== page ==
Canadian animals have adapted various ways to ensure the survival of their young in the harsh environments in which they live.
From fiercely protective moose cows to nurturing polar bear sows, each species has its unique parenting methods that enable their offspring to thrive in the wild. Here are six Canadian animals that use unique ways to protect, raise and communicate with their young.
The moose is one of the largest land mammals found in North America and is known as an iconic symbol of Canada’s wilderness. Female moose, or cows, give birth to their young in the early summer, often in May or June. Moose calves are born weighing around 25 to 35 pounds and are able to stand and walk within hours of being born. For the first few weeks of their lives, moose calves stay close to their mothers, who fiercely protect them from predators. Moose cows will also nurse their calves for several months, providing them with the vital nutrients they need to grow and thrive.
Dolphins are highly intelligent animals known for their playful behavior and communication skills. Female dolphins are excellent mothers and will nurse their calves for up to two years. She teaches her calf how to swim, hunt, and communicate with other dolphins. Female dolphins are also known for their strong social bonds and will form close relationships with their offspring that can last for many years.
The Canada Lynx is a solitary cat found in the boreal forests of Canada. Lynx mothers typically give birth to a litter of one to six kittens in the spring. Lynx kittens are born blind and helpless, weighing only a few ounces. The mother lynx will stay with her kittens for several months, teaching them how to hunt and survive in the wild. As the kittens grow older, the mother will gradually wean them off of her milk and encourage them to hunt on their own.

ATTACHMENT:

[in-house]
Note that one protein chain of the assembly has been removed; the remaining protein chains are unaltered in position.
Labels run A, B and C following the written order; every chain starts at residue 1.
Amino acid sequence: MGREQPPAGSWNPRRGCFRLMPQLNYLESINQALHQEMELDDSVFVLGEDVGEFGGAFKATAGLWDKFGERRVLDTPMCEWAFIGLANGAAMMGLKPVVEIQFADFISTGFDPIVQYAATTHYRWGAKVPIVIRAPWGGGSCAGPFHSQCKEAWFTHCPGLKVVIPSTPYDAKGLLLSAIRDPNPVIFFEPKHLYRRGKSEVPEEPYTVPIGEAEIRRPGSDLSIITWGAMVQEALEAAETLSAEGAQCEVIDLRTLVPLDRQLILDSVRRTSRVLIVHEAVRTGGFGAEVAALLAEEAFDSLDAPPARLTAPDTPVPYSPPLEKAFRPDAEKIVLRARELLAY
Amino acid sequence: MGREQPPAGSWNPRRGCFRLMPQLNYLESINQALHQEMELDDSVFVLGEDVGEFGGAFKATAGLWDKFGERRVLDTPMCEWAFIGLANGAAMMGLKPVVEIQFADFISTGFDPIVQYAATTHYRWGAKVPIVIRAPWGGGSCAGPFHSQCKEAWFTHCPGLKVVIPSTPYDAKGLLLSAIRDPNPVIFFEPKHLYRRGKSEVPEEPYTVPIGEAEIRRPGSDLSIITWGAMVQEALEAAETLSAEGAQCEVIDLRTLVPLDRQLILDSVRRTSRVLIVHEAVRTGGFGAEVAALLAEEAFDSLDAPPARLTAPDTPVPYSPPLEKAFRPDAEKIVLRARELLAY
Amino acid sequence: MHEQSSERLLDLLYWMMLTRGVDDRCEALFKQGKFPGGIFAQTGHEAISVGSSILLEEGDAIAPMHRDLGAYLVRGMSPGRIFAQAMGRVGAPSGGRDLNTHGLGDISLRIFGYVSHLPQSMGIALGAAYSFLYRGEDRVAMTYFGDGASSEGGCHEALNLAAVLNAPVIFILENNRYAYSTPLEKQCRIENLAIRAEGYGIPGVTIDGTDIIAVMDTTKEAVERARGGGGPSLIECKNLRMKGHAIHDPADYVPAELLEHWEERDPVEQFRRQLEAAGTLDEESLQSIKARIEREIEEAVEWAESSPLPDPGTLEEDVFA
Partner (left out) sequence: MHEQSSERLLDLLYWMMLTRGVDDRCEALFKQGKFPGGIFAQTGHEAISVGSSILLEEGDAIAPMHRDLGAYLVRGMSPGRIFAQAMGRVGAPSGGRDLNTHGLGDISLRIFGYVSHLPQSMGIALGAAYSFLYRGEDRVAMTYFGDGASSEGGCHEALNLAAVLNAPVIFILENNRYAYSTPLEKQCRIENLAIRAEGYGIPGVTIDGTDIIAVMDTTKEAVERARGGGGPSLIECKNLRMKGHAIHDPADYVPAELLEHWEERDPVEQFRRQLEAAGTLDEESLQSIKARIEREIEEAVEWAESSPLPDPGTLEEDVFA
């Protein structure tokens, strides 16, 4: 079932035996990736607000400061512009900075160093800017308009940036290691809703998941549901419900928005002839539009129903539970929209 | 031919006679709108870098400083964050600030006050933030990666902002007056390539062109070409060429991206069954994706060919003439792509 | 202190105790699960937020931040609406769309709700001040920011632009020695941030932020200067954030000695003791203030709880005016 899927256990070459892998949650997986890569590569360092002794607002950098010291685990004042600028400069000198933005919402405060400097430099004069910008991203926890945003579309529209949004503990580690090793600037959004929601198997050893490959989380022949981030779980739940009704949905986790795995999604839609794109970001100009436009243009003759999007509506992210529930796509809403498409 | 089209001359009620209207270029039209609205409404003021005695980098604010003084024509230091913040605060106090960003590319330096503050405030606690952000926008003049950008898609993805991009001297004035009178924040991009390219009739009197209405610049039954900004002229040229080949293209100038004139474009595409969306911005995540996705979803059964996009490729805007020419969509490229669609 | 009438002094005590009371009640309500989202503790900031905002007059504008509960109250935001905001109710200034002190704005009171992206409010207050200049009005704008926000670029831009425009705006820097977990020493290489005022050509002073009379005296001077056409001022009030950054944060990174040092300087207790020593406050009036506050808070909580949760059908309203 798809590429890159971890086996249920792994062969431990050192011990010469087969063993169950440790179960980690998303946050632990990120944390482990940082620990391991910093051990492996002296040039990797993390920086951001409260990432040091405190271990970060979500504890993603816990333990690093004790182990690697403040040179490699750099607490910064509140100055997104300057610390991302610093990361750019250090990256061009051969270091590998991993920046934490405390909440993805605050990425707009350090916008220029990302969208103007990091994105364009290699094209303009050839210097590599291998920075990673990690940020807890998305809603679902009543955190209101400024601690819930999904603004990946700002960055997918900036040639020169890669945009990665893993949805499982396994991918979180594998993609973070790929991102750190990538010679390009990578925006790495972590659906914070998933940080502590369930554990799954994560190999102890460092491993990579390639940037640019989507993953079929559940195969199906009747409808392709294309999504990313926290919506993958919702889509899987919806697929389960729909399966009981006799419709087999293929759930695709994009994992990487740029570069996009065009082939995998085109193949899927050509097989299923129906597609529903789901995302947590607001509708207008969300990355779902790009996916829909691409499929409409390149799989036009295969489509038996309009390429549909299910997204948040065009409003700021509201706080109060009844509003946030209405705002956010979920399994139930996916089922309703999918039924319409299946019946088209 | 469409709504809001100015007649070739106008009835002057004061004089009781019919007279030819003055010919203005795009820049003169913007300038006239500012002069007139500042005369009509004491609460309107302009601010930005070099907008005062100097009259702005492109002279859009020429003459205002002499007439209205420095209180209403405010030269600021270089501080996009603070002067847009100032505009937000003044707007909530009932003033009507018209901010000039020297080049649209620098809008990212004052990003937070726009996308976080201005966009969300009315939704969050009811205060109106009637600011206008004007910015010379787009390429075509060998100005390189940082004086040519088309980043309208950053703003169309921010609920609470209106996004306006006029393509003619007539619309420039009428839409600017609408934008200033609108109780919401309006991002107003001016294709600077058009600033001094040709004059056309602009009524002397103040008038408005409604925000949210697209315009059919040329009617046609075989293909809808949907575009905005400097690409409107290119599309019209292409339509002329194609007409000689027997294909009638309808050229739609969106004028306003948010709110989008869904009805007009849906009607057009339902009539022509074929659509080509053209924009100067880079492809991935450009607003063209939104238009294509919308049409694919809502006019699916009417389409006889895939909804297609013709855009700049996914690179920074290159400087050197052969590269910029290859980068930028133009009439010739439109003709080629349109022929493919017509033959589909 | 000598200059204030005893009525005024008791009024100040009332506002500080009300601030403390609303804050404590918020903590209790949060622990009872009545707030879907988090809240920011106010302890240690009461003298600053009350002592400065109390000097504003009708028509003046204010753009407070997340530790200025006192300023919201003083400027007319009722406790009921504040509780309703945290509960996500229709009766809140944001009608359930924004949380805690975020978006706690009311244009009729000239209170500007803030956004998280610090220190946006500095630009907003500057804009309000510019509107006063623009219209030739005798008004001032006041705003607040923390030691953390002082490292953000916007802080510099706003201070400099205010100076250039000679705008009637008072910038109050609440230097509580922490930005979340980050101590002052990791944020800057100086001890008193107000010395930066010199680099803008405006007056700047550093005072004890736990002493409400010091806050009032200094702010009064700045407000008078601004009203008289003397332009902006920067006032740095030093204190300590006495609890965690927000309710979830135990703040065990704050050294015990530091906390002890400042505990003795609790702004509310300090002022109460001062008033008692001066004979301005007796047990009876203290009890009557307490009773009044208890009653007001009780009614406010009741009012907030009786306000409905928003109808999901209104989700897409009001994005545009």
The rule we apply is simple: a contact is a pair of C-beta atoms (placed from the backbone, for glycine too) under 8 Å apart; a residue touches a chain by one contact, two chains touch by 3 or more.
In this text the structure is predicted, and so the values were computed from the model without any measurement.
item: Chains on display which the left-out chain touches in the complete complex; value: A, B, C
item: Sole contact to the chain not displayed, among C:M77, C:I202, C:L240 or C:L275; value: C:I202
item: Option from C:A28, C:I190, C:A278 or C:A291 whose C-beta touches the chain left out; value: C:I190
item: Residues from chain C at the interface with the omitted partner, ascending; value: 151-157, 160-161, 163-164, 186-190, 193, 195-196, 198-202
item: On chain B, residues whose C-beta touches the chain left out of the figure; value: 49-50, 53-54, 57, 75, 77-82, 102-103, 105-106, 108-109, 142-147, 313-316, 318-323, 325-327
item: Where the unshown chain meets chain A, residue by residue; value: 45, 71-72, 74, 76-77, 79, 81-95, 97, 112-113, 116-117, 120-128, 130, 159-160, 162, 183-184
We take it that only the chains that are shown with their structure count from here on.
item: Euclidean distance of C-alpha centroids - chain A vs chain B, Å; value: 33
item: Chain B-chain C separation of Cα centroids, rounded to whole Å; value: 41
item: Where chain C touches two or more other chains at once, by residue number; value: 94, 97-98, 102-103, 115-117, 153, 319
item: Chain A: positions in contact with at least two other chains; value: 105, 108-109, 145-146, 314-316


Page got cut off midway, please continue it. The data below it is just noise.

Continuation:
The Polar Bear is an amazing and unique predator that roams the Arctic ice fields of Canada. Female Polar Bears, or sows, give birth to one to three cubs in a den that they dig into the snow during the colder months. Polar Bear cubs are born blind and helpless, weighing only one pound, and the mother will nurse her cubs for several months, providing them with the rich, fatty milk they need to grow and develop. As the cubs grow older, she will teach them how to hunt and navigate the harsh Arctic landscape.
Octopuses may not be the first animal that comes to mind when you think of motherhood, but they are actually quite unique in their parenting style.
Female octopuses lay up to 100,000 eggs and spend several months tending to them. The female will guard the eggs and clean them regularly to prevent fungal growth. She also uses her tentacles to create currents that keep the eggs well-oxygenated, and after that the mother octopus does not eat and will die shortly after the eggs hatch. The octopus’s self-sacrificing behavior is one of the most striking examples of maternal care in the animal kingdom.
The beaver is a large rodent found in rivers and streams throughout Canada.
Beavers give birth to one to four kits in the spring, usually in April or May. Beaver kits are born fully furred and with their eyes open, but they are still dependent on their mother for food and protection. Female beavers will nurse their kits for several months, teaching them how to swim and how to construct dams and lodges.
As the kits grow older, she will encourage them to explore their surroundings and learn how to gather food and build their own homes.
I would like to make a donation in honour of my Mother, Muriel Ilean Rowe, who was a CWF supporter. She would have turned 100 years old on August 19/23. // She was a wonderful person who loved all nature and creatures. She was especially interested in birds.
We would like to thank you for your thoughtfulness in wanting to make a donation in memory of your Mother, Muriel. We truly appreciate it.
Please accept our deepest condolences for your loss. We hope that this gesture will bring some comfort to all loved ones.
If you wish to provide a testimonial on behalf of Muriel to better understand their connection to nature, or to CWF, please feel free to share their story by sending an email to: [email protected] .
There are a couple of ways to make a memorial donation. You can contact our finance associate, at 1-877-599-5777 ext. 271 if you wish to use a credit card or a cheque can be mailed to our address: 350 Michael Cowpland Dr, Kanata, ON, K2M 2W1, C/O Trudy Flansbury.
Once the donation it is processed, we will send you an official receipt for tax purposes.
Thank you again for your kindness and your support.
Planned Giving Program Manager